I give a questionnaire each semester to my “Introduction to News Writing and Reporting” class to get to know students better.
“Who was your best teacher and why?” “What rumors have you heard about me?” “John Lennon or John Mayer?”
A few semesters back, I included this question: “What should happen to someone in this class who gets caught cheating?”
With the answers came the expected penalties such as a failing grade on the assignment, some kind of extra work involving ethical decision making and ousting the culprit from class.
But one student wrote this: “Off with his head!”
It seems some folks in Afghanistan took the student’s suggestion to heart. Media outlets report that a student journalist in Afghanistan printed a news story from the Web and discussed it in class. Reuters news service reported that the article offended some classmates, who found it critical of the “Koran.” They complained to school officials.
Reporters Without Borders told CNN.com that Sayed Perwiz Kaambakhsh, 23, went to trial behind closed doors on charges of distributing anti-Islamic propaganda. The tribunal returned a “guilty” ruling, and unless Kaambakhsh successfully appeals or the nation’s president overturns it, the student loses his head.
Some say the real cause for Kaambakhsh’s troubles come from his brother, also a journalist and apparently not a very popular one with some folks in Afghanistan’s religious community. But something tells me that Kaambakhsh might represent a bigger issue.
Reuters reports this: “Since the ouster of the Taliban's radical Islamic government in 2001, dozens of newspapers and other publications, some funded by foreigners, have sprung up in Afghanistan, which is going through a wave of press freedom unprecedented in its history.”
Freedom means power. Those who have it rarely want to give it up. All those in authority, including government, want to keep it, even our government.
This week, my students in “Press Law” discussed the roots of this thing called “freedom” and the Bill of Rights. They wrestled with the challenges it brings.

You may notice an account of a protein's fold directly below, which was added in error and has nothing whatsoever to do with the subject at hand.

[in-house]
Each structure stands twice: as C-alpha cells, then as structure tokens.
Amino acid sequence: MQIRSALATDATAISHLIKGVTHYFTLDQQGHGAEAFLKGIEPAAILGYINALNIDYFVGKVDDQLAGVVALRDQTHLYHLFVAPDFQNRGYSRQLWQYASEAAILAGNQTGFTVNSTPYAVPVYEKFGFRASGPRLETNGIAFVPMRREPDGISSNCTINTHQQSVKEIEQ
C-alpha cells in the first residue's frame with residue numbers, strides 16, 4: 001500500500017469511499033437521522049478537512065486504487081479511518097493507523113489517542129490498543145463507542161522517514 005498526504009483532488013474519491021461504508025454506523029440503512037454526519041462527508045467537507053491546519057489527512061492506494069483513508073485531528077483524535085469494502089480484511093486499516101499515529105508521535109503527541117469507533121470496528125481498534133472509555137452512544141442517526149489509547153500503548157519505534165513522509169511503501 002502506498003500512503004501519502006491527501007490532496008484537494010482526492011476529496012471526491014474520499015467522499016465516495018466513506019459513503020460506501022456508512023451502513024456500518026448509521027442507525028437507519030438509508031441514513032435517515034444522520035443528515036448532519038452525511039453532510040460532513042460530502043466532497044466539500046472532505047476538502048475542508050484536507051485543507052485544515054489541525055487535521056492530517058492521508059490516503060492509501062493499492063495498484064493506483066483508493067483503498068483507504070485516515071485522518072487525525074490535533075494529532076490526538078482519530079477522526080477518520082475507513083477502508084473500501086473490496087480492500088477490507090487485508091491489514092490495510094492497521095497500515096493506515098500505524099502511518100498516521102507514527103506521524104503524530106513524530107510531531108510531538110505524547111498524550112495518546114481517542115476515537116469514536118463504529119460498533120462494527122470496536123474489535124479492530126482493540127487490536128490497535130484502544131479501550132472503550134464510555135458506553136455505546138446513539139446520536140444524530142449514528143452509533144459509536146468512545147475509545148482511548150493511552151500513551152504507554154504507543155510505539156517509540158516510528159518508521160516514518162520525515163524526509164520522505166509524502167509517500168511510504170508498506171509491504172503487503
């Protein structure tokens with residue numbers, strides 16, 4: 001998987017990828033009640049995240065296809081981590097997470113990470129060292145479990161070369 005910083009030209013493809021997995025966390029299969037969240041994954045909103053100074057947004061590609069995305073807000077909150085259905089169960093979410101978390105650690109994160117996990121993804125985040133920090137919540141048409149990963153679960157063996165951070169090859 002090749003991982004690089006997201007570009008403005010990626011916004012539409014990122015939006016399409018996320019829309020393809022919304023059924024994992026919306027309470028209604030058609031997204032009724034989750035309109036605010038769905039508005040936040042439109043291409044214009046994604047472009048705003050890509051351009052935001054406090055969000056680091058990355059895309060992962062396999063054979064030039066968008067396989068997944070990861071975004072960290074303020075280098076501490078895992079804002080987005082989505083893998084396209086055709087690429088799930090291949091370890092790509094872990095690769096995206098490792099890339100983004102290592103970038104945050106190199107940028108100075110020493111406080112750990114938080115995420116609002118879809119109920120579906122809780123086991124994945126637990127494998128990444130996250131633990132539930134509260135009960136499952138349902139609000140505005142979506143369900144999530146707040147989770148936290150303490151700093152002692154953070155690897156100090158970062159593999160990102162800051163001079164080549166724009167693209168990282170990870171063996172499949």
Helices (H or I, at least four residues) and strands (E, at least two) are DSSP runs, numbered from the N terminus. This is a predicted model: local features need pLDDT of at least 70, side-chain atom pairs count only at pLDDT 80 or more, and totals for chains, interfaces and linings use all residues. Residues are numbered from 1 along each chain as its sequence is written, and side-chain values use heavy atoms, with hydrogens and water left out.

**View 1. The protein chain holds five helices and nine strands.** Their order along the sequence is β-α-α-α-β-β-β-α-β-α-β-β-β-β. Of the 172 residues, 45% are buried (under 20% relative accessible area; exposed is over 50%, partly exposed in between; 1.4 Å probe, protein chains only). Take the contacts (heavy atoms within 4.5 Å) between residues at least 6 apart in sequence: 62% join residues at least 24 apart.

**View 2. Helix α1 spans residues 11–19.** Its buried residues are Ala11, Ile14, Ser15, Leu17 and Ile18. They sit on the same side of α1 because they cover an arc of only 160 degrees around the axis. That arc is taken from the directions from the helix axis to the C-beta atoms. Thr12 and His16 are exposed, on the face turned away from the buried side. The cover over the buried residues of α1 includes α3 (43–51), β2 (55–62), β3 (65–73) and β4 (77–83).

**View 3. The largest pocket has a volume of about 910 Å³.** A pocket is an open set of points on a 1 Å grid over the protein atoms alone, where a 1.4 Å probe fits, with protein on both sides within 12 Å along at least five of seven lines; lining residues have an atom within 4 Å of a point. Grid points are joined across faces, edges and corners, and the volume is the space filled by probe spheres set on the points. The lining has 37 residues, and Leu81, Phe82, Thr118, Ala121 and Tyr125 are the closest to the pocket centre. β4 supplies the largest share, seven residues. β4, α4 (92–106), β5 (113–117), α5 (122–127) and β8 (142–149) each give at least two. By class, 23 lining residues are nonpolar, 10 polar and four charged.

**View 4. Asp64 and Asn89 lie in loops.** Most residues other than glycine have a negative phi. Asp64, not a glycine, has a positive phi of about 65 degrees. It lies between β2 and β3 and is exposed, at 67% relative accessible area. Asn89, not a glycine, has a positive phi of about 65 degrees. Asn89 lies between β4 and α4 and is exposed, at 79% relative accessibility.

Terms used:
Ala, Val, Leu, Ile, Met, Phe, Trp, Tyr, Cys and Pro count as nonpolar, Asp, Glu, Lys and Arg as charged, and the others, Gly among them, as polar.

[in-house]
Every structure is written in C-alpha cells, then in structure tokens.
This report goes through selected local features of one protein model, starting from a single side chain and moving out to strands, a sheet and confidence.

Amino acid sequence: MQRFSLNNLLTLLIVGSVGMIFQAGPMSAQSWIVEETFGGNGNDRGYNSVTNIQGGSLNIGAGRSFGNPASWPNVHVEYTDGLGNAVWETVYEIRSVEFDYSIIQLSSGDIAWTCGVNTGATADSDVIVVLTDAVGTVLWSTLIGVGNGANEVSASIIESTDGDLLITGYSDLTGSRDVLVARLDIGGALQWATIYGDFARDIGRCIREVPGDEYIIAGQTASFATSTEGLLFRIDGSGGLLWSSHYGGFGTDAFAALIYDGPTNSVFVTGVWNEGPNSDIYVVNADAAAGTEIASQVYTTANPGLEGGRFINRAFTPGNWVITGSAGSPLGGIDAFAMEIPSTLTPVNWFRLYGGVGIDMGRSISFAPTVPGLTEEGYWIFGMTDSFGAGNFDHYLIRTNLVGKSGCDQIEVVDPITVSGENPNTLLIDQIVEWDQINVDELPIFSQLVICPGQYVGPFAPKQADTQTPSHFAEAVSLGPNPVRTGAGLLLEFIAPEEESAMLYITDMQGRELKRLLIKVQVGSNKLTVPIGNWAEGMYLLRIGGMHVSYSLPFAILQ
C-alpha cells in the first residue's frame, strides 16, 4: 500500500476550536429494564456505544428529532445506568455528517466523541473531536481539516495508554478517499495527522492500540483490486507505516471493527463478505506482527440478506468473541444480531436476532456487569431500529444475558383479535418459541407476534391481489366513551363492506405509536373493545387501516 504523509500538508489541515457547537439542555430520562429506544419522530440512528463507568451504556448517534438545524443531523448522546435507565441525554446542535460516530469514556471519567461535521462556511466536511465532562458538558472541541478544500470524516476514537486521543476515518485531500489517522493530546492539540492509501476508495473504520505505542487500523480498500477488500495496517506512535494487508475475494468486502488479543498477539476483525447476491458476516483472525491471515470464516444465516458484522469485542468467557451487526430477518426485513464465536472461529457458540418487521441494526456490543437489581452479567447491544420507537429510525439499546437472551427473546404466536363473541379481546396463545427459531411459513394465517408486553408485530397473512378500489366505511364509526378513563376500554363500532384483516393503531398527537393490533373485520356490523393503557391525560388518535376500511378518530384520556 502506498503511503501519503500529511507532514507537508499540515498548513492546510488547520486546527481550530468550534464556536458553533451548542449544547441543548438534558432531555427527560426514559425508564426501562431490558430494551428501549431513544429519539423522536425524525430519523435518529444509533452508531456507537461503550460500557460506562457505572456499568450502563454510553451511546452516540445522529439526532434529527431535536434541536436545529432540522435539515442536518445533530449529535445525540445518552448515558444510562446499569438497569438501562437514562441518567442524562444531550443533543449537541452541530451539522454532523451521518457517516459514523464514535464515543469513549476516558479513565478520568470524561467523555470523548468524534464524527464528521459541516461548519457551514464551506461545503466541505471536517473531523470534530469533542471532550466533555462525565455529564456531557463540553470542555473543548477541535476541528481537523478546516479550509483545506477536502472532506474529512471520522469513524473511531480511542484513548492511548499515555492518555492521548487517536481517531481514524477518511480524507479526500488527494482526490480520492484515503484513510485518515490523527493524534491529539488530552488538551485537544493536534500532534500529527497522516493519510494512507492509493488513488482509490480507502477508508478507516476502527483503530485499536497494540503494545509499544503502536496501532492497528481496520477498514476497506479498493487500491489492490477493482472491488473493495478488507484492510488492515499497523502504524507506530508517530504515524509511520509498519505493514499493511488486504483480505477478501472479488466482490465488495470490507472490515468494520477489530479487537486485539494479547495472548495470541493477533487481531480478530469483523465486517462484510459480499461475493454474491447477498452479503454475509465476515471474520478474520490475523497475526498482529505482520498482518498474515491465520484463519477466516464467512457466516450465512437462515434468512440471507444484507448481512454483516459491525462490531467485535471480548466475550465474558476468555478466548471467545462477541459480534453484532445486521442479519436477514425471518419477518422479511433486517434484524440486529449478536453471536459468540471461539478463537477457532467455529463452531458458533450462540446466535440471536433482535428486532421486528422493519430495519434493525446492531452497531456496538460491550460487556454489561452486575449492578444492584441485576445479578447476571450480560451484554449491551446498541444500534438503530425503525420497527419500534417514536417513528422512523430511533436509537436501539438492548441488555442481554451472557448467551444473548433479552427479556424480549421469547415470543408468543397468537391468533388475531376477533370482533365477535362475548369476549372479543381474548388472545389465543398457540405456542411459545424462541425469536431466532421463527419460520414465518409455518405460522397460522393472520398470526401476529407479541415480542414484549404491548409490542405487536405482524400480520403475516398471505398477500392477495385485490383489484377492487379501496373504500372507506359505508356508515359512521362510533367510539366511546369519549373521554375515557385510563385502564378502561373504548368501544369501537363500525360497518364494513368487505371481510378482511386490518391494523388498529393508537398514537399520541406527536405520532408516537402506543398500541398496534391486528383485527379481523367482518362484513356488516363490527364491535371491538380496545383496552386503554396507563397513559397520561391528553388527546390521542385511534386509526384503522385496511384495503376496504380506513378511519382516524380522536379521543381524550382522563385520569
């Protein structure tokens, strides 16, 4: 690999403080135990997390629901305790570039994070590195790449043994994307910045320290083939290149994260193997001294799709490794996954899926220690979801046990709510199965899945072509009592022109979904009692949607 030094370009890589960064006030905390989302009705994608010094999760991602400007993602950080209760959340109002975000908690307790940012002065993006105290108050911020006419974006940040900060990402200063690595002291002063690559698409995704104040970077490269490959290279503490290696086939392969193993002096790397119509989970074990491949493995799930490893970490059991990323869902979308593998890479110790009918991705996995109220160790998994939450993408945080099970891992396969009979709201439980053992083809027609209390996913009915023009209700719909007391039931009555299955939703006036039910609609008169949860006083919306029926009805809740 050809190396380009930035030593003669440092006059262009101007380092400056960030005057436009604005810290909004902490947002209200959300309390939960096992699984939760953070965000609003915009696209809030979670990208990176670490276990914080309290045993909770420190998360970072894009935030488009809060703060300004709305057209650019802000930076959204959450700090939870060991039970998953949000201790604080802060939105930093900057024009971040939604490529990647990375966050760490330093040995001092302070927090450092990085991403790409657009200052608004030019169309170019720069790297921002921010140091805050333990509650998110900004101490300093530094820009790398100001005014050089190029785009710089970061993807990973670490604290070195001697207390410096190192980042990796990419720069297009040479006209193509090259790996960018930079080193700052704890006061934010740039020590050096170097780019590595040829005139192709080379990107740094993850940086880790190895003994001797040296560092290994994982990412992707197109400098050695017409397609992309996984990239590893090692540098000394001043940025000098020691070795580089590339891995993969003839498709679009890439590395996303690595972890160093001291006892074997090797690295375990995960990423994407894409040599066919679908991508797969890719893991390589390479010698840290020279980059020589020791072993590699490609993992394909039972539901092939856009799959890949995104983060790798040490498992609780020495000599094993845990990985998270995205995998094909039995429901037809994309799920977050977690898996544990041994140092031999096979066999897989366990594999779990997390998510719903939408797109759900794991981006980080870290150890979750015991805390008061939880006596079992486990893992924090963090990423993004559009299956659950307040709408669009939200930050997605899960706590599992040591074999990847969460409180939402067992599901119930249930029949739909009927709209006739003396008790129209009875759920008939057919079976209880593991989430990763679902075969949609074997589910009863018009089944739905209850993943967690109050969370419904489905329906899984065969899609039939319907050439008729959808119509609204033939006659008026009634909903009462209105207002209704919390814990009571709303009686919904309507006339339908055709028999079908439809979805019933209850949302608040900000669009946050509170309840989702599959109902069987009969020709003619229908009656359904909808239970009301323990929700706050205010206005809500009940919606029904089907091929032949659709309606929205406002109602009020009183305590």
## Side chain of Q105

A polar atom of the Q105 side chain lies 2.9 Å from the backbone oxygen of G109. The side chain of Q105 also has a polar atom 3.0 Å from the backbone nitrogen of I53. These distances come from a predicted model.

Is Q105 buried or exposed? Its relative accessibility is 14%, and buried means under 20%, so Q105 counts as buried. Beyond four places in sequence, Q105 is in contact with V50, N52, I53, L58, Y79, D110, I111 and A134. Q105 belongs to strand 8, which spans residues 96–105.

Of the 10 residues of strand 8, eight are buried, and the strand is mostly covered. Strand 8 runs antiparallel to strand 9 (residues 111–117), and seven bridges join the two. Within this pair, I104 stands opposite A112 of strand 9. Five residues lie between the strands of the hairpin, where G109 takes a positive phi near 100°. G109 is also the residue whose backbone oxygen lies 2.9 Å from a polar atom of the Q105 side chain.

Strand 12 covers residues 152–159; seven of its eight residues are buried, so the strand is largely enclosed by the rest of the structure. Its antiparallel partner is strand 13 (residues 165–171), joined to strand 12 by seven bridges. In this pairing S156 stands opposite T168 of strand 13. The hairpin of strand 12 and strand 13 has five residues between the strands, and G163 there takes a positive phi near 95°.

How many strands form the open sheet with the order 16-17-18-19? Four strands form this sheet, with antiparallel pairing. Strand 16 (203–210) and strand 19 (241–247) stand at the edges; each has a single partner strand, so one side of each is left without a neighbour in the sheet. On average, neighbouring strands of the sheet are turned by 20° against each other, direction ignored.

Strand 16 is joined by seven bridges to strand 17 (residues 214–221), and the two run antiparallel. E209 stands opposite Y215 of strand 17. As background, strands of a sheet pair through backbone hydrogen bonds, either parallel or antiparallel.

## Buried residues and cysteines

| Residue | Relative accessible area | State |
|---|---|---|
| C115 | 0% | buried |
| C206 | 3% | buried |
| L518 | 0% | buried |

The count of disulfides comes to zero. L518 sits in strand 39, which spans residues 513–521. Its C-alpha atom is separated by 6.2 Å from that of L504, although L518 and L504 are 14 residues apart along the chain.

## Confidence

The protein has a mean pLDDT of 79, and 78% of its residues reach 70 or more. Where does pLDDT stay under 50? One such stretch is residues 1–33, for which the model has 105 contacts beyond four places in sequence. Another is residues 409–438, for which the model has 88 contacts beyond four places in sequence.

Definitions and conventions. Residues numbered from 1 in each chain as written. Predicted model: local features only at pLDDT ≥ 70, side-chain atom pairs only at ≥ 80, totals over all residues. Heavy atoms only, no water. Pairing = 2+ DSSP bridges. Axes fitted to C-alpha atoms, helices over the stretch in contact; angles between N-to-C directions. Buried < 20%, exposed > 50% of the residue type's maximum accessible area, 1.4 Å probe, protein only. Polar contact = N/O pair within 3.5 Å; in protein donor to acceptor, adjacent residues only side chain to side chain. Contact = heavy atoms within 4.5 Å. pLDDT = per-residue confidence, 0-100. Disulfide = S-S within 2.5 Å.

I took freedom out of the context of colonial history, fodder for essay exams and patriotic smack. I challenged students to embrace it, cherish it and fight for it. I told them that when some very forward-thinking patriots wrote that freedom into law, the battle to be free didn’t end.
My students, indeed all students, need to see the Constitution not as a historic relic but as ongoing marching orders from the founders to work each day in some way to maintain freedom, to better our country and to ensure that we leave it and a better world behind. We live in a world where most people measure their freedom in seconds.
We cannot let that become the way we live. Active participation in civic life can ensure it will not.
I ended class today by asking my students to consider how crazy the framers of the Constitution really were — how absolutely naive they were to believe that a government beholding to that kind of document could ever work.
“They were wackjobs,” I said, borrowing that word from a student who used it to describe a religious group that he considered on the fringe of decent behavior.
Yet, so far, the Constitution the “wackjobs” created — one based on freedom ensured by an informed citizenry — works.
For the sake of people like Sayed Perwiz Kaambakhsh, I hope it can work in other countries, too.